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The People in the Trees Paperback – 5 Feb 2015

3.5 out of 5 stars 30 customer reviews

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Product details

  • Paperback: 384 pages
  • Publisher: Atlantic Books; Main edition (5 Feb. 2015)
  • Language: English
  • ISBN-10: 0857898973
  • ISBN-13: 978-0857898975
  • Product Dimensions: 12.9 x 2.4 x 19.8 cm
  • Average Customer Review: 3.5 out of 5 stars  See all reviews (30 customer reviews)
  • Amazon Bestsellers Rank: 32,037 in Books (See Top 100 in Books)
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Product description


An absorbing, intelligent and uncompromising novel which beguiles and unnerves. The first memorable novel of 2014 is already here - Independent

Told in the form of a memoir in the voice of the extremely unlikeable Perina, it is impossible to resist being drawn into the mind of this brilliant but depraved man. And to feel a little disturbed at having enjoyed such a strange but brilliantly told story. The book is packed with a symphony of complex themes made accessible by the sheer poetry of the author's prose - Daily Mail

Power and its abuses are at the heart of this beautifully written debut... Striking and highly satisfying. Yanagihara's ambitious debut is one to be lauded.


Feels like a National Geographic story by way of Conrad's Heart of Darkness... the world Yanagihara conjures up, full of dark pockets of mystery, is magical. - The Times

Suspenseful... Thanks to Yanagihara's rich, masterly prose, it's hard to turn away... Yanagihara is a writer to marvel at - New York Times

A standout novel, a debut as thrilling as it is disturbing... So exciting... Haunting

--Wall Street Journal

Yanagihara's enthralling debut... is at once learned, morally serious and deeply entertaining... In Perina, Yanagihara has created a perverse and spellbinding narrator

--San Francisco Chronicle


“Haunting ... A standout novel ... thrilling.” (The Wall Street Journal)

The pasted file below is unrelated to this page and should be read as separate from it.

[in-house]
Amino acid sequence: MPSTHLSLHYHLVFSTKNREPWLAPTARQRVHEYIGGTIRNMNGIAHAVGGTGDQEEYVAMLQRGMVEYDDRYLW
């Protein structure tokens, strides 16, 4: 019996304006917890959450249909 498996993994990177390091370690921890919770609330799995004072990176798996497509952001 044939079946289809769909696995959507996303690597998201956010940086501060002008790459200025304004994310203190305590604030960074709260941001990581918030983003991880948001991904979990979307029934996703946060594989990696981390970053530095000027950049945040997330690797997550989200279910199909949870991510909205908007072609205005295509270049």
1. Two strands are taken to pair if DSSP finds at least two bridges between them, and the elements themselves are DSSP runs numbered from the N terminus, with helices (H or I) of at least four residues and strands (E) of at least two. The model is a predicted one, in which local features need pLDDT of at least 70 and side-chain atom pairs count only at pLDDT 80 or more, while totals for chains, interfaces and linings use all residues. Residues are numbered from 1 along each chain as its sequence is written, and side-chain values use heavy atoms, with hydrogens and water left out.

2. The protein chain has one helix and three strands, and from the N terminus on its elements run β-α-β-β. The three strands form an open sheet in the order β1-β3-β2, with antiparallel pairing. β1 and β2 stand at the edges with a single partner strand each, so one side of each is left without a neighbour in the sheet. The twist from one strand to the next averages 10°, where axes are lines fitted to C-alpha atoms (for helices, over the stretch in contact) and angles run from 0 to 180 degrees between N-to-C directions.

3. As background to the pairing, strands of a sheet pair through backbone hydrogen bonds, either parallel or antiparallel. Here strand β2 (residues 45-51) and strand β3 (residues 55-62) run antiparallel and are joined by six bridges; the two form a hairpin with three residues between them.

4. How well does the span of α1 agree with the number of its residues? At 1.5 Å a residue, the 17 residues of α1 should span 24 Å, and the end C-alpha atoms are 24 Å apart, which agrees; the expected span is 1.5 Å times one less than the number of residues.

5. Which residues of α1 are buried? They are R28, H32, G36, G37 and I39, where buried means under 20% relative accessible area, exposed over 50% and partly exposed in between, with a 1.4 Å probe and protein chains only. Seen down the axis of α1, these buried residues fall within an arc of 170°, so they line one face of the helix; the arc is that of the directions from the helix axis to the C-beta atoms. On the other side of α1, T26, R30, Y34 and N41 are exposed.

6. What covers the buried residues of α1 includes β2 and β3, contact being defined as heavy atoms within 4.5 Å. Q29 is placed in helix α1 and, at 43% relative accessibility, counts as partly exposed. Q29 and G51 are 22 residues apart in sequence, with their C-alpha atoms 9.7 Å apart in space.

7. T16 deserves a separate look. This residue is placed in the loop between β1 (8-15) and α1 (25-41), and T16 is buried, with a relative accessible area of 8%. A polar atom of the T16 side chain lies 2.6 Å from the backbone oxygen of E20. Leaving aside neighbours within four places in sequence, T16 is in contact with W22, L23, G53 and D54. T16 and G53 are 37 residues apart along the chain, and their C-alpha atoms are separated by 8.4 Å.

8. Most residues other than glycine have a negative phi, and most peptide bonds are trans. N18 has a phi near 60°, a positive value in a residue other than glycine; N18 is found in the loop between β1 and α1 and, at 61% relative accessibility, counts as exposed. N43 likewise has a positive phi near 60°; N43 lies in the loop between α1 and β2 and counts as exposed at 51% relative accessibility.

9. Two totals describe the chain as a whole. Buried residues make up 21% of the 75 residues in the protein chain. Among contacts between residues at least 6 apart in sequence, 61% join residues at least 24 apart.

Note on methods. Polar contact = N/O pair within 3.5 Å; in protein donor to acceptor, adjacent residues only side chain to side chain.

“Exhaustingly inventive and almost defiant in its refusal to offer redemption or solace. ... As for Yanagihara, she is a writer to marvel at.” (The New York Times Book Review)

“Captivating―and thoroughly unsettling.” (Vogue) --This text refers to an alternate Paperback edition.

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Customer Reviews

Top Customer Reviews

Format: Paperback Verified Purchase
I ordered The People in the Trees based on a positive review of it in The Express newspaper some time ago. When it arrived I popped it in my book pile and forgot all about it. I picked it up to read soon after Christmas with some apprehension based on other reviews I had read on the US Amazon site and the Goodreads website. However, the book turned out to be a surprisingly good, if somewhat troubling, read.

In the book we follow the life of acclaimed scientist Norton Perina from his humble beginnings living on a farm as a young boy, through to a stunning discovery he makes wholly by chance, to his ultimate downfall for sexually abusing one of the children he eventually adopts in droves. Some time in his mid-twenties, disillusioned and disliked by most of his laboratory colleagues, Perina is offered the chance to spend a number of months on the isolated islets of U'ivu and Ivu'ivu searching for a lost tribe of hunter gatherers. Soon he and his companions meet up with the intended lost peoples but their existence is soon eclipsed by their apparent longevity. Perina links the tribe's long-livedness to the consumption of a previously unknown turtle species, the opa'ivu'eke. He smuggles some of the turtle flesh back to the US and earns his fame (winning a Nobel prize) whilst at the same time dooming the island's unique culture. As time passes and the population of the prized turtle is eradicated by ravenous pharmaceutical companies and the island's existence is irrevocably altered for the worse, Norton resorts to adopting the native children as a way of penance for his actions. His treatment of the wards in his care is the eventual reason he finds himself in prison and writing the memoirs that make up the book.